During a recent visit to Jaanika’s light filled studio in Berlin, Jaanika recalled growing up in Tallinn, Estonia and how as a young girl, she used to dream of becoming a professional figure skater. She loved the feeling of gliding over the ice and the crisp cutting sounds the blades made as she jumped and turned with each landing and take off. Emerging into Jaanika’s Kreuzberg studio that warm, sunny day definitely had a similar cooling effect perhaps akin to entering an empty skating rink just recently cleaned. The forms she shapes from translucent mylar appear like shards and elegantly cut strips of ice curving or dangling on and off the walls. As we looked at the different configurations of the forms as well as the drawing projections, Jaanika talked about the material of the vellum and mylar paper as embodying this memory of ice and the elegance and purity she associates with a wintry landscape she is so familiar with.
Prior to her one year sabbatical in Berlin this past 2013/14, her work was mostly about the line; the line as a drawing mechanism that translated her physical gestural movements into marks and collections of curvilinear lines. As a former dancer and figure skater, it is not surprising that Jaanika’s drawing practice is equally about installation and performance as much as it is about the final materialization of these gestures and marks on paper.
This current work in her studio seems to be a coming together of her past work that was mainly driven by the line and now an evolution that is a combination of performance, sculpture, video, audio and drawing. What excites me most about Jaanika’s work is how she uses various sources of light to affect the paper in conjunction with the line as it becomes more and more integrated into the form and not necessarily as texture, but as volume. This past September 2013, I had the pleasure of curating Jaanika’s work at a unique window venue that functioned as a stage. The parameters were limited in size and visibility in that the artwork could only occupy the approximately 7′ by 5′ stage and could only be viewed by the public from outside on the sidewalk. Using the existing track lighting, Jaanika took advantage of this mini theatre of sorts and installed a visually stunning work that lit up the entire street at night. Cascades of mylar were hung from a bar and rolled out towards the glass window. She created a frozen waterfall and hence inspired the title “Falls of Solitude”. Which leads to the allusion of emotion in these seemingly detached sculptural abstractions.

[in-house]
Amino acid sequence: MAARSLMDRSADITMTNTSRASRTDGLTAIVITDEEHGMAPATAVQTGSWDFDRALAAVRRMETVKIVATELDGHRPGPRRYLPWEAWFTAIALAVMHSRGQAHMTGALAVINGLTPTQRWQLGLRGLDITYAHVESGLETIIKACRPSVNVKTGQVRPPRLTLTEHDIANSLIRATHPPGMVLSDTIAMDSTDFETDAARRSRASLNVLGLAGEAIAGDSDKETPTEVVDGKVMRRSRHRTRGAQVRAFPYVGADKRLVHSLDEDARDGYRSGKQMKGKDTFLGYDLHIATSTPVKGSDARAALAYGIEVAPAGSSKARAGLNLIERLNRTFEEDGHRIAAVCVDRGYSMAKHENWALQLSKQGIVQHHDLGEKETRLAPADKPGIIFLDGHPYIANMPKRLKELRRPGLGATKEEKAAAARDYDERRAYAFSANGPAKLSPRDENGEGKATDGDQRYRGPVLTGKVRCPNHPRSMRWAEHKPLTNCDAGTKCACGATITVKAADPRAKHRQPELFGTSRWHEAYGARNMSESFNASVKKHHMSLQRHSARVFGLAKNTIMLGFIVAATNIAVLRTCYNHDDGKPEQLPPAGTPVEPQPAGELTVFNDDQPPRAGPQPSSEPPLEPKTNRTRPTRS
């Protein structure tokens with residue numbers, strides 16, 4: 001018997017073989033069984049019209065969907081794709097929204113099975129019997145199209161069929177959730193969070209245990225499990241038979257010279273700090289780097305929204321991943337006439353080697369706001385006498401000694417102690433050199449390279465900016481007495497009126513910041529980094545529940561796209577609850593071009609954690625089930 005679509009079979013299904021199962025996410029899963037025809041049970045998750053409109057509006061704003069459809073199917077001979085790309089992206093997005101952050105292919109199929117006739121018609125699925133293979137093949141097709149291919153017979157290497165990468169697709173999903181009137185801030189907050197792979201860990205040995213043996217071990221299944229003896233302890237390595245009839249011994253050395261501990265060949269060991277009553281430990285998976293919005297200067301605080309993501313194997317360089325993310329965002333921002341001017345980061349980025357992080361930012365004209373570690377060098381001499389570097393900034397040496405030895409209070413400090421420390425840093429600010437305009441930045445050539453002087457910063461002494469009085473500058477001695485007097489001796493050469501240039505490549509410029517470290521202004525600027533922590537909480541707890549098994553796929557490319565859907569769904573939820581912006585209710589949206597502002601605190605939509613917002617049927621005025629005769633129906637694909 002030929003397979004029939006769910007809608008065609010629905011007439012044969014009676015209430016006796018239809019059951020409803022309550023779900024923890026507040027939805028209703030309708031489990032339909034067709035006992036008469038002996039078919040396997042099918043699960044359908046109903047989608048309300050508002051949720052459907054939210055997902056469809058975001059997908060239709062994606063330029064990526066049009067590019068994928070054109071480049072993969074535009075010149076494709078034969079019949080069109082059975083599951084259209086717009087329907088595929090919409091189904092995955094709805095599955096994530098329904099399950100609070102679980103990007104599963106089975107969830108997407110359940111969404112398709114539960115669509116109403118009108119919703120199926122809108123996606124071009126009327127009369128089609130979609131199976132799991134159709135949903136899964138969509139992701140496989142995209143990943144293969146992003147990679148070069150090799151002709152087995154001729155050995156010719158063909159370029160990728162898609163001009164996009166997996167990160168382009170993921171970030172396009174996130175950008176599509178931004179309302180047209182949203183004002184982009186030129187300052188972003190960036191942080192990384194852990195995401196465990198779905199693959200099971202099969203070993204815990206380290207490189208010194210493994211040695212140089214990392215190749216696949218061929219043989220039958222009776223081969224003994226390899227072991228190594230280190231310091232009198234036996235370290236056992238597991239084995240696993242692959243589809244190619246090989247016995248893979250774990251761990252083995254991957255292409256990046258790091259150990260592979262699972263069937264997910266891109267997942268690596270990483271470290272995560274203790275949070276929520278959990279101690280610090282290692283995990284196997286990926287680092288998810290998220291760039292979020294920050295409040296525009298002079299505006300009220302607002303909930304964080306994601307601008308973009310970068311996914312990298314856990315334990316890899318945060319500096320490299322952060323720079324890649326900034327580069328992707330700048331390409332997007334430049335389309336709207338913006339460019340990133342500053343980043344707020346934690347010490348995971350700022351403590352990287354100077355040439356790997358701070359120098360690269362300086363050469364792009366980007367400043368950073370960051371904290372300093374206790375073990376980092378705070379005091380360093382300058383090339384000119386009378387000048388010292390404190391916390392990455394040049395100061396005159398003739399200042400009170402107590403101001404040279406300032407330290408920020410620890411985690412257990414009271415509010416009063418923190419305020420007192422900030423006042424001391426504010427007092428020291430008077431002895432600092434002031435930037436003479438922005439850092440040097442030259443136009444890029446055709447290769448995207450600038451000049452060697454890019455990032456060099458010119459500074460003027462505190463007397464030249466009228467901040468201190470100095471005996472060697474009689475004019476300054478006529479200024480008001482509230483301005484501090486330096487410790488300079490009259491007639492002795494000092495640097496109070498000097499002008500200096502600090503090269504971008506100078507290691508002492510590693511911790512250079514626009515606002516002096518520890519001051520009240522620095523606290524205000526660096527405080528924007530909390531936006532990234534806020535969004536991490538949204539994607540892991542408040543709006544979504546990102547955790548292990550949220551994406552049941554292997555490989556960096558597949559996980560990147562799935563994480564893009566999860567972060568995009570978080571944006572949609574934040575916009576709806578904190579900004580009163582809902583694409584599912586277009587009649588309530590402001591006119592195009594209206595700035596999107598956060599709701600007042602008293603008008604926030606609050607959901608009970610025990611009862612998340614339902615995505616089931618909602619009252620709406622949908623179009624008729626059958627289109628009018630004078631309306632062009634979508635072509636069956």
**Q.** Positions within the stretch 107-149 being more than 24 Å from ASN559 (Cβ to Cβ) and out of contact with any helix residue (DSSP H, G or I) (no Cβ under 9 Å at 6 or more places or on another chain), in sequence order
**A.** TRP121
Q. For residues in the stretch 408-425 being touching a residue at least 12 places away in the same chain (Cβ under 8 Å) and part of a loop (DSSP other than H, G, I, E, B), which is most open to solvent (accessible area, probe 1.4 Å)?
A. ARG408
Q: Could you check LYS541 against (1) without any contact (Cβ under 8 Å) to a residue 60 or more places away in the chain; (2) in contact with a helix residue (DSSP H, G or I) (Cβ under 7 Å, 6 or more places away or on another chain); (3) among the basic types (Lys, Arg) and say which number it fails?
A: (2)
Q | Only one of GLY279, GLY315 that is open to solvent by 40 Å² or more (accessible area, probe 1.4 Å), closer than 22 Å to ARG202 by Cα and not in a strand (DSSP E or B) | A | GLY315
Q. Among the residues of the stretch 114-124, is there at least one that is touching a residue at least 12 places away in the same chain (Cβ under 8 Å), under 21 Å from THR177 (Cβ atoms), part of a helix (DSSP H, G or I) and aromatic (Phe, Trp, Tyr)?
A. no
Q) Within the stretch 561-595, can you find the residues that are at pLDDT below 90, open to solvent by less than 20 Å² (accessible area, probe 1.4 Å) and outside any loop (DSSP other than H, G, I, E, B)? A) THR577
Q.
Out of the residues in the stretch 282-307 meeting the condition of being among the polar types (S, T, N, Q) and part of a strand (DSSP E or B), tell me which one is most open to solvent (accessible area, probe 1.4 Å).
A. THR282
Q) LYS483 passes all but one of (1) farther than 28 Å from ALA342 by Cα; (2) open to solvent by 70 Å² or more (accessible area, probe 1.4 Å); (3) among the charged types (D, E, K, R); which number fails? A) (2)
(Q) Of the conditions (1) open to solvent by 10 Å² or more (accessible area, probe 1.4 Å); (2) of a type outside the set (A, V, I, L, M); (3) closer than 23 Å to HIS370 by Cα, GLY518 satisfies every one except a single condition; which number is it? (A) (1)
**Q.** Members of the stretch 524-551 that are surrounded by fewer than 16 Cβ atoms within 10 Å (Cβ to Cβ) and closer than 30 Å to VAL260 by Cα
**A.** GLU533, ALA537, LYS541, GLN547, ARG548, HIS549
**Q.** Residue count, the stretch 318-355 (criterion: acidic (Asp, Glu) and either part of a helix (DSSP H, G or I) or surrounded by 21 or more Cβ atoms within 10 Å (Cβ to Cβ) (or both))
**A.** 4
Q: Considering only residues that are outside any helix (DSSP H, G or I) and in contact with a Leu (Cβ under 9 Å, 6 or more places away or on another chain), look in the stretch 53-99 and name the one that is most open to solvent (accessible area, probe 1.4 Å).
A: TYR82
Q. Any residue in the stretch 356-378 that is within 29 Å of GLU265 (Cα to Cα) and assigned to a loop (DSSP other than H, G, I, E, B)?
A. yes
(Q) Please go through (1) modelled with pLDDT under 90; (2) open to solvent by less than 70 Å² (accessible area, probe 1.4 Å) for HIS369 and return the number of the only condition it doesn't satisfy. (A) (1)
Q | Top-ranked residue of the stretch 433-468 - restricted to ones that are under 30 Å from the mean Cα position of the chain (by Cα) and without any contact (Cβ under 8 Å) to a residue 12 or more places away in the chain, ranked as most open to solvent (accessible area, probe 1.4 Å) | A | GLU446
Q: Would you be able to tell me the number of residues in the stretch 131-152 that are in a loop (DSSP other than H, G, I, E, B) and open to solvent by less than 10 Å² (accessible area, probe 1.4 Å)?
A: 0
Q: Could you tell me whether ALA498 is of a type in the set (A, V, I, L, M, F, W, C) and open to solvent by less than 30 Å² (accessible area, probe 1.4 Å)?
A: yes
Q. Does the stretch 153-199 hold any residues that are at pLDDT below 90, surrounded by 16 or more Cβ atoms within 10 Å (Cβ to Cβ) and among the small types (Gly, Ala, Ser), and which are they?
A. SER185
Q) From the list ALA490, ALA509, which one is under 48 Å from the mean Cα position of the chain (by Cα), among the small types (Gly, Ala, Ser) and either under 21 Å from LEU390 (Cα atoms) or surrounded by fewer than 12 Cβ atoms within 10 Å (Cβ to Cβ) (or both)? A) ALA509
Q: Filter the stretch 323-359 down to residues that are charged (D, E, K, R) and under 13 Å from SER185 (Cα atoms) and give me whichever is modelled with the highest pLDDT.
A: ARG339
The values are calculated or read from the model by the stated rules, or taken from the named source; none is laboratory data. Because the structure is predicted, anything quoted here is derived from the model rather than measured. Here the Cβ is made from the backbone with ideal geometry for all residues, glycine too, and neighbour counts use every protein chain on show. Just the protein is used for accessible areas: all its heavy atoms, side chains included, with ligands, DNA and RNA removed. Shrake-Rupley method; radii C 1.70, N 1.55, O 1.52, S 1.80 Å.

Moving around her studio Jaanika spoke of each piece as if she were telling a story. She talked about one particular red pencil that was gifted to her by her architect father in law before he passed away. A series of small works were sparked by this red pencil. While some may identify this kind of decision making intuitive – drawn to it by that personal connection and history, her action of purposely using it to begin a drawing, or to end one, is very intentionally specific to the kind of line she ultimately makes thus grounding her work in conceptualism. It is the subtley of bridging two or three realms that is most comforting in experiencing her work. There is a joy and somber quality that alludes to something brewing underneath. It occupies a wall, a piece of floor or the ceiling in just that right moment lingering in your mind with pain, relief, beauty — while in that same instance exhalting formalism in a very conspicuous way.
I can’t speak to Jaanika’s performance as I have not seen any yet unfortunately, however it seems clear to me from her studio practice that her ideas are constantly germinating and evolving in a path that endeavors to be ephemeral. The addition of projecting video images onto floating paper drawings is mesmerizing and truly makes sense for this direction. She is also experimenting with audio. Her husband, musican and professor David Rothenberg has been influential to this part of her work. He teaches Philosophy and Electronic Music at the New Jersey Institute of Technology and they have already done some collaborations in the recent past.
The rigor and discipline Jaanika learned early on as a young figure skater in training continues through her practice as an artist. After leaving Berlin this summer, she immediately begins a residency in Brooklyn, NY through the Artist Pension Trust/Berlin Collective studios for the month of September 2014.
To keep up with Jaanika and all her upcoming events and exhibitions, please go to her website at www.jaanikapeerna.net
During her 2013/14 year in Berlin, Jaanika participated in the following solo exhibitions:
“I make drawings, videos and installations. My elements are line and light; my materials are pencils, vellum and video camera. I am a vessel gathering subtle and rapturous processes in nature, using the experiences and impulses to make my work. I record mist turning into water. I use slowly changing lights to cast shadows of mylar strips onto a wall—The slowness of shadows makes one wonder if there is any change at all. I let wind move my body so that it leaves traces on paper. I swim through thousands of layers of gray air and mark each one down. Most of my work is born in the solitude of my studio. Sometimes public performances with musicians and dancers draw me out from the safe silence of my space and expand my drawing practice with sound and movement. I am interested in the never-ending process of becoming with no story, no beginning, no end—just the current moment in flux.”
— Jaanika Peerna